With another year winding down, compliance personnel needs to begin evaluating the status of compliance projects and schedule any remaining tasks to ensure completion. Consideration of any regulatory changes, guidance, and risk alerts issued during the year, emerging best practices and enforcement cases are important. To that end, this month’s Risk Management Update outlines some of the Securities and Exchange Commission’s (“SEC”) more notable activities and provides an extensive checklist with compliance tips to help expedite each process.
2019 to date has not been a quiet year for the SEC, as their Division of Enforcement has brought hundreds of administrative proceedings, with a large number being against investment advisers. The flipside (for better or worse) is that the orders provide a good roadmap of the SEC’s stance on various compliance areas. Below is a short list of some of the more noteworthy ones:
- In the Matter of Ascension Asset Management and Grenville Gooder, Jr. (Administrative Proceeding File No. 3-19024, March 7, 2019) – SEC filed an administrative and cease-and-desist order for compliance rule, custody, and books and records failures.
- In the Matter of First Citizens Asset Management, Inc. (Administrative Proceeding File No. 3-19026, March 11, 2019) – SEC filed an administrative and cease-and-desist order for improper mutual fund share class selection and disclosure failures.
- In the Matter of Account Management, LLC, Christopher De Roetth, and Peter De Roetth (Administrative Proceeding File No. 3-19259, July 19, 2019) – SEC filed an administrative and cease-and-desist order for breach of fiduciary duty against an elder client.
- In the Matter of MPV Manager, LLC (Administrative Proceeding File No. 3-19334, August 13, 2019) – SEC filed an administrative and cease-and-desist order for receipt of undisclosed compensation pertaining to their private fund clients and the funds’ investors.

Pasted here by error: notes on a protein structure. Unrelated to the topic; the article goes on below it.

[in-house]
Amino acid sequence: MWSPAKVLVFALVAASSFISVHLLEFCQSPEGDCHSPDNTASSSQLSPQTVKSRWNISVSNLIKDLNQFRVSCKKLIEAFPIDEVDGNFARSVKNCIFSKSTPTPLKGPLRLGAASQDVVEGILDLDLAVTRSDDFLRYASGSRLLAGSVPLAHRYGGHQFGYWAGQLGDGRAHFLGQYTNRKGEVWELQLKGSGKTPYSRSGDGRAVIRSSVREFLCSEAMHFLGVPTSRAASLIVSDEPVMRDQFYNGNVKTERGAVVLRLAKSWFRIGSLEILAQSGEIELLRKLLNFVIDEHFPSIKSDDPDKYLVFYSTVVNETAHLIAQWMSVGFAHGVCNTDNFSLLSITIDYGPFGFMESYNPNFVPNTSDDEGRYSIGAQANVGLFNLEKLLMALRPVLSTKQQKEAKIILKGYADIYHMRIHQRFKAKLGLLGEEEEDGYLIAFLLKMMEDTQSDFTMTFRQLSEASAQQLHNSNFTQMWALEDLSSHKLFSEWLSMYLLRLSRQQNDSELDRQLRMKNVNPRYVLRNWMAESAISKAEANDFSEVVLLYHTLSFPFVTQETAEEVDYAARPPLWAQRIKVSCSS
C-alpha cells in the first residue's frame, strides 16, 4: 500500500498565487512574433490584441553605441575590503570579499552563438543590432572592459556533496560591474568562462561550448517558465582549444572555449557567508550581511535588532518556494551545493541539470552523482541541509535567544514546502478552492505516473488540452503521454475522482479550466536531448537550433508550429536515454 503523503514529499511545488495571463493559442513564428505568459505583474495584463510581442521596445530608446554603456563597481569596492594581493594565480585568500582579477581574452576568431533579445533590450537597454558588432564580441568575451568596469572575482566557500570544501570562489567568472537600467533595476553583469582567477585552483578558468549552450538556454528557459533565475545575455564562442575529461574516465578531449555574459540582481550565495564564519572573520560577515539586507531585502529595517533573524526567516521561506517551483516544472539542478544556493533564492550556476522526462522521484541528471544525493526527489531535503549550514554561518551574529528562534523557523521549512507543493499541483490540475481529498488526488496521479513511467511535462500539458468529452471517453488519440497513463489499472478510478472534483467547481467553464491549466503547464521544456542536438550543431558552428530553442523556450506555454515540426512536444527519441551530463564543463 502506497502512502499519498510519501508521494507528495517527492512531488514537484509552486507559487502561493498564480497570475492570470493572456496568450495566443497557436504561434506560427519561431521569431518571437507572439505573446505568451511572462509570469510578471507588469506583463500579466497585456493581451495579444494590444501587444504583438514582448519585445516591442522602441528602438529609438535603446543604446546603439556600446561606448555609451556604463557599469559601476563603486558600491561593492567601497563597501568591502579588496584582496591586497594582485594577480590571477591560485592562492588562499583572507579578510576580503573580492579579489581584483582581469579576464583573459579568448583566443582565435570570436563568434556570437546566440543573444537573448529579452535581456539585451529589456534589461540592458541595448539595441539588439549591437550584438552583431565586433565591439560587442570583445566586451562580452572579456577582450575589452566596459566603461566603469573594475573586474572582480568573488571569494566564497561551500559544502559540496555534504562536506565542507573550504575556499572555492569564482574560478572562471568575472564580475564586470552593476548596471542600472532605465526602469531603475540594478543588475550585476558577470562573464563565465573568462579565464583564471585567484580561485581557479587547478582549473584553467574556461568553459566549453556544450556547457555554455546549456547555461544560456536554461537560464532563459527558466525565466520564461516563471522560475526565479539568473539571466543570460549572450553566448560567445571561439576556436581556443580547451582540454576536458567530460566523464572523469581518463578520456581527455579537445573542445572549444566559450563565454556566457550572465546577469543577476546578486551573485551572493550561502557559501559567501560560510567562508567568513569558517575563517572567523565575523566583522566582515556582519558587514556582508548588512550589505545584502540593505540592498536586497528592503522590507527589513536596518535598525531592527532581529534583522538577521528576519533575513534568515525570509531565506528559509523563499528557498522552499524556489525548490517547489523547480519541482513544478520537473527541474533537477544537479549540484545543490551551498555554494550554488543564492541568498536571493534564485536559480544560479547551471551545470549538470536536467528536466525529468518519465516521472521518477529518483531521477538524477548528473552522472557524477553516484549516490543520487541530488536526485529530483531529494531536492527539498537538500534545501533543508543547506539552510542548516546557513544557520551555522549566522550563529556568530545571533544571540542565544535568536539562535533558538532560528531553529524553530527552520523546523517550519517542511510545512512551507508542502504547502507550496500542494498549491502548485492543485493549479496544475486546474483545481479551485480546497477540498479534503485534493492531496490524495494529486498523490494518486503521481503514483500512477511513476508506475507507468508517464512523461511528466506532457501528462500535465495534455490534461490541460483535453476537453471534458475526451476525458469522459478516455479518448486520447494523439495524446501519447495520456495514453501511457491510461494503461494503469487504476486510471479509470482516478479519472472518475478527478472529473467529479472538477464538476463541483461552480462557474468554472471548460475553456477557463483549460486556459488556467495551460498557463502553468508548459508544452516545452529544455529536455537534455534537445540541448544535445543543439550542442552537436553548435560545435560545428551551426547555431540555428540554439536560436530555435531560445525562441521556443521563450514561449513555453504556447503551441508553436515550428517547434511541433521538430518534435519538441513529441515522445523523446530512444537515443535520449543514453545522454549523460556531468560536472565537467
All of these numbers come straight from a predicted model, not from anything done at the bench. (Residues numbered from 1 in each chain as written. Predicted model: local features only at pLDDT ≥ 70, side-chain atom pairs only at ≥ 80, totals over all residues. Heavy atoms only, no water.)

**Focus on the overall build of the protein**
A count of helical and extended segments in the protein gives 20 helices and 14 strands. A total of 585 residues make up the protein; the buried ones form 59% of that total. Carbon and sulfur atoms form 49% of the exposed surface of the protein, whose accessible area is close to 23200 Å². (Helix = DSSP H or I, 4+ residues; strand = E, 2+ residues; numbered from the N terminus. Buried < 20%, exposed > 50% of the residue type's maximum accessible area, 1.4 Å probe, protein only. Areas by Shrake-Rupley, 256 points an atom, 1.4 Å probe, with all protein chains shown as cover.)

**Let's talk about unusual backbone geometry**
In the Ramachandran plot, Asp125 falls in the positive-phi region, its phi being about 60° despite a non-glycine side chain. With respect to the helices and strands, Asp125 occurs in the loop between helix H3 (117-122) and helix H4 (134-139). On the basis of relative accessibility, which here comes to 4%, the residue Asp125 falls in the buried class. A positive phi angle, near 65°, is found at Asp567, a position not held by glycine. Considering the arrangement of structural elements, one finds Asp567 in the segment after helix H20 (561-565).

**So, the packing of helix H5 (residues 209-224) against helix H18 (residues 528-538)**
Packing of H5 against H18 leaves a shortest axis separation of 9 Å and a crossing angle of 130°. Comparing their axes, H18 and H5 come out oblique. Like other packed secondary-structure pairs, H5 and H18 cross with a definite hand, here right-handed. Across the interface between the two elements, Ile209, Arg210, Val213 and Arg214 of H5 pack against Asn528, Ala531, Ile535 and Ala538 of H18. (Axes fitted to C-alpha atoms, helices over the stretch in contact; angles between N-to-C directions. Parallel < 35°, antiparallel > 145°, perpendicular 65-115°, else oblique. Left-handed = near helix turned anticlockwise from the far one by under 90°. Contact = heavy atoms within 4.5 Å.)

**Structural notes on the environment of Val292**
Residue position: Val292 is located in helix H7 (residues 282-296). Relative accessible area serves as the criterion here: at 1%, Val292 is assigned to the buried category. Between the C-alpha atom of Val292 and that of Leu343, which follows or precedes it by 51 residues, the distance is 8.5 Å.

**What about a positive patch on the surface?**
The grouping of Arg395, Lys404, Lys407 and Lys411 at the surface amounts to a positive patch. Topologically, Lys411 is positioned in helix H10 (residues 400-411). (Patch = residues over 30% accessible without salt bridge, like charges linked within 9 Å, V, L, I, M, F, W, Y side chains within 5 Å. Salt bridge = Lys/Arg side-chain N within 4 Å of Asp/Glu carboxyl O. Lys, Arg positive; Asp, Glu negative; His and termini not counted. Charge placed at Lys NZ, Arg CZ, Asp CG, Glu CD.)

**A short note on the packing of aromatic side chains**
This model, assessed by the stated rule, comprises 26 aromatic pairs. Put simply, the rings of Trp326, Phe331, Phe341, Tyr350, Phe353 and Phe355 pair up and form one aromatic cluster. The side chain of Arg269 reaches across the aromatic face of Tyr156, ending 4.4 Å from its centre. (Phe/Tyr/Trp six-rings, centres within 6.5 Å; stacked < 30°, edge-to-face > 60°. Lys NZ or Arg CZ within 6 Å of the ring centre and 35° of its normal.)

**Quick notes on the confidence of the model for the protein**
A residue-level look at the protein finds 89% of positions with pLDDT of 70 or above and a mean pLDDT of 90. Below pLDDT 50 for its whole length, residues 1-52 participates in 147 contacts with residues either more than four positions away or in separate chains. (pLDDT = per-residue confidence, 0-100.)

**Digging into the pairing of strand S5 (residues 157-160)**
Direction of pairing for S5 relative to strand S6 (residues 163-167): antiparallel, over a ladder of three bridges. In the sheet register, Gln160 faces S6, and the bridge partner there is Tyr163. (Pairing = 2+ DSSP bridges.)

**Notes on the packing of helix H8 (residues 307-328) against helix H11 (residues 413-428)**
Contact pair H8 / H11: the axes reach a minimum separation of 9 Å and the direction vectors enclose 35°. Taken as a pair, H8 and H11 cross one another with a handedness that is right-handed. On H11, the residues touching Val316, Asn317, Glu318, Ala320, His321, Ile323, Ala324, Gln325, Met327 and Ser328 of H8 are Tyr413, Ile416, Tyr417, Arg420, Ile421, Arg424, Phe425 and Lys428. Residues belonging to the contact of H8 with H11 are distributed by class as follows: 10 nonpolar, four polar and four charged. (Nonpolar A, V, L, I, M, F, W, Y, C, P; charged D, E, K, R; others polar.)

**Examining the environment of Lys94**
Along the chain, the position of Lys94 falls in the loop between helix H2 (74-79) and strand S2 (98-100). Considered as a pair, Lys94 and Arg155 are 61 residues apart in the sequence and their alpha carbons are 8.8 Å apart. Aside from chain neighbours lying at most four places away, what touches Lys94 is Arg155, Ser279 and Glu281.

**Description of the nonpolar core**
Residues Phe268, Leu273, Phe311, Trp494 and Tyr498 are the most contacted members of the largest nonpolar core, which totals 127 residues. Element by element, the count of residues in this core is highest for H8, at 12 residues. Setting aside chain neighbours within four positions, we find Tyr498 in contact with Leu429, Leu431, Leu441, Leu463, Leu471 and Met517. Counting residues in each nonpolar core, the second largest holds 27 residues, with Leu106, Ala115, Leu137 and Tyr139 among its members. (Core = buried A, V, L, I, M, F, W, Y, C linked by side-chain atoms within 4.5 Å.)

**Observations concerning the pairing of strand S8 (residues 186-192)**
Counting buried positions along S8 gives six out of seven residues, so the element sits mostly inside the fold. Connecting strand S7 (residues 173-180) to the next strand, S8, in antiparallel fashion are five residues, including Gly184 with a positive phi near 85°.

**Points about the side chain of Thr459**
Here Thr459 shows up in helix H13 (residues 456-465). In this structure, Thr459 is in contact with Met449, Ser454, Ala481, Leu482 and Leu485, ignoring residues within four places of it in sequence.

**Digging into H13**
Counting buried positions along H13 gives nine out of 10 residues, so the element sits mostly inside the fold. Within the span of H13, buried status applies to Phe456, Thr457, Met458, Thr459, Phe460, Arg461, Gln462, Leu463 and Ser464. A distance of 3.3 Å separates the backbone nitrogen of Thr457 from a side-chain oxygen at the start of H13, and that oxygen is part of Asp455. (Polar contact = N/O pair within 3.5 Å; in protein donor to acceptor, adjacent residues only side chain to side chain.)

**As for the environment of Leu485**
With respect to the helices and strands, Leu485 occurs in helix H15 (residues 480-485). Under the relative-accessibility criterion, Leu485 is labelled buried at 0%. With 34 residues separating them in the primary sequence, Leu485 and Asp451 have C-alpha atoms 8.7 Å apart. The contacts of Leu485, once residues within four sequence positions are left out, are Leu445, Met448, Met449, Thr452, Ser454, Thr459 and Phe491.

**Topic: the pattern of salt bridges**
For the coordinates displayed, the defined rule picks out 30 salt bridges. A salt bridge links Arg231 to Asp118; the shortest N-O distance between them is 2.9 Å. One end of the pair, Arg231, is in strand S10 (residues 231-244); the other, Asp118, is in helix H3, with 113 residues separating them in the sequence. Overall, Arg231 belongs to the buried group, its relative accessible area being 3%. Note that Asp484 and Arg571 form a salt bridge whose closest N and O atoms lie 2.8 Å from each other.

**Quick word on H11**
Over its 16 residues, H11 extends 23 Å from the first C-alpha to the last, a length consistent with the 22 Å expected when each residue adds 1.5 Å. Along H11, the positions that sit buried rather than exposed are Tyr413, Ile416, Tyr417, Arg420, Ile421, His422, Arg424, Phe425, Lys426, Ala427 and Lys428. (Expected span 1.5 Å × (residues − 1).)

The above is only a sampling of the SEC’s continued focus on compliance program strength and adequacy of disclosures, regardless of whether there is client harm. An important takeaway in the case of MPV Manager, LLC, is that the firm is an exempt reporting adviser, so it should not be assumed that claiming this exemption means you don’t have to adhere to any regulations under the Investment Advisers Act of 1940.
The SEC’s Office of Compliance Inspections and Examinations (“OCIE”) has also been busy this year with, among other things, issuing a number of Risk Alerts. There have been 3 to date pertaining to investment advisers, which cover the following topics:
- Regulation S-P and Safeguarding Policies
- Network Storage of Client Records
- Supervision, Conflicts of Interest, and Disclosures
These publications are the SEC’s way of alerting firms of the deficiency patterns they are seeing during examinations and can be very helpful tools in determining whether your firm is compliant in these areas.
Last but not least, the SEC issued an important interpretive release on the standard of conduct for investment advisers, which outlines that a firm’s fiduciary responsibility includes a duty of care and loyalty and provides meaningful guidance on both.
Look at the Condition of Your Compliance Program and Assess Your Annual Review Process
- Complete a risk assessment and conflicts inventory to confirm all identified risks and conflicts have been adequately addressed and disclosed.
- Compliance Tip: Be sure to document and map each risk and conflict to applicable policies and procedures that ensure appropriate mitigation or elimination steps are being taken. Also, review Form ADV and standard investment advisory agreement to make sure all material risks and conflicts are being disclosed.
- Confirm compliance testing protocols are working properly and set up to detect both gaps in processes and trends and patterns that show potential systemic risk.
- Compliance Tip: Review the SEC’s “Forensic Measures for Funds and Advisers” article for a list of various tests to consider.
- Determine whether firm policies and procedures are addressing the high-risk areas outlined in SEC’s Risk Alerts and exam priorities list that are applicable to the firm’s business practices.
- Compliance Tip: Also consider any regulatory changes that have taken place during the year on both the state and federal levels.
- Ensure all recommendations from your last annual review have been/are being addressed and the annual review for 2019 is underway.
- Compliance Tip: Take some time to assess your current annual review process to determine whether it remains adequately designed to prevent violations of applicable federal and state regulations. Also, make sure that any prior exam deficiencies have been addressed and are in compliance.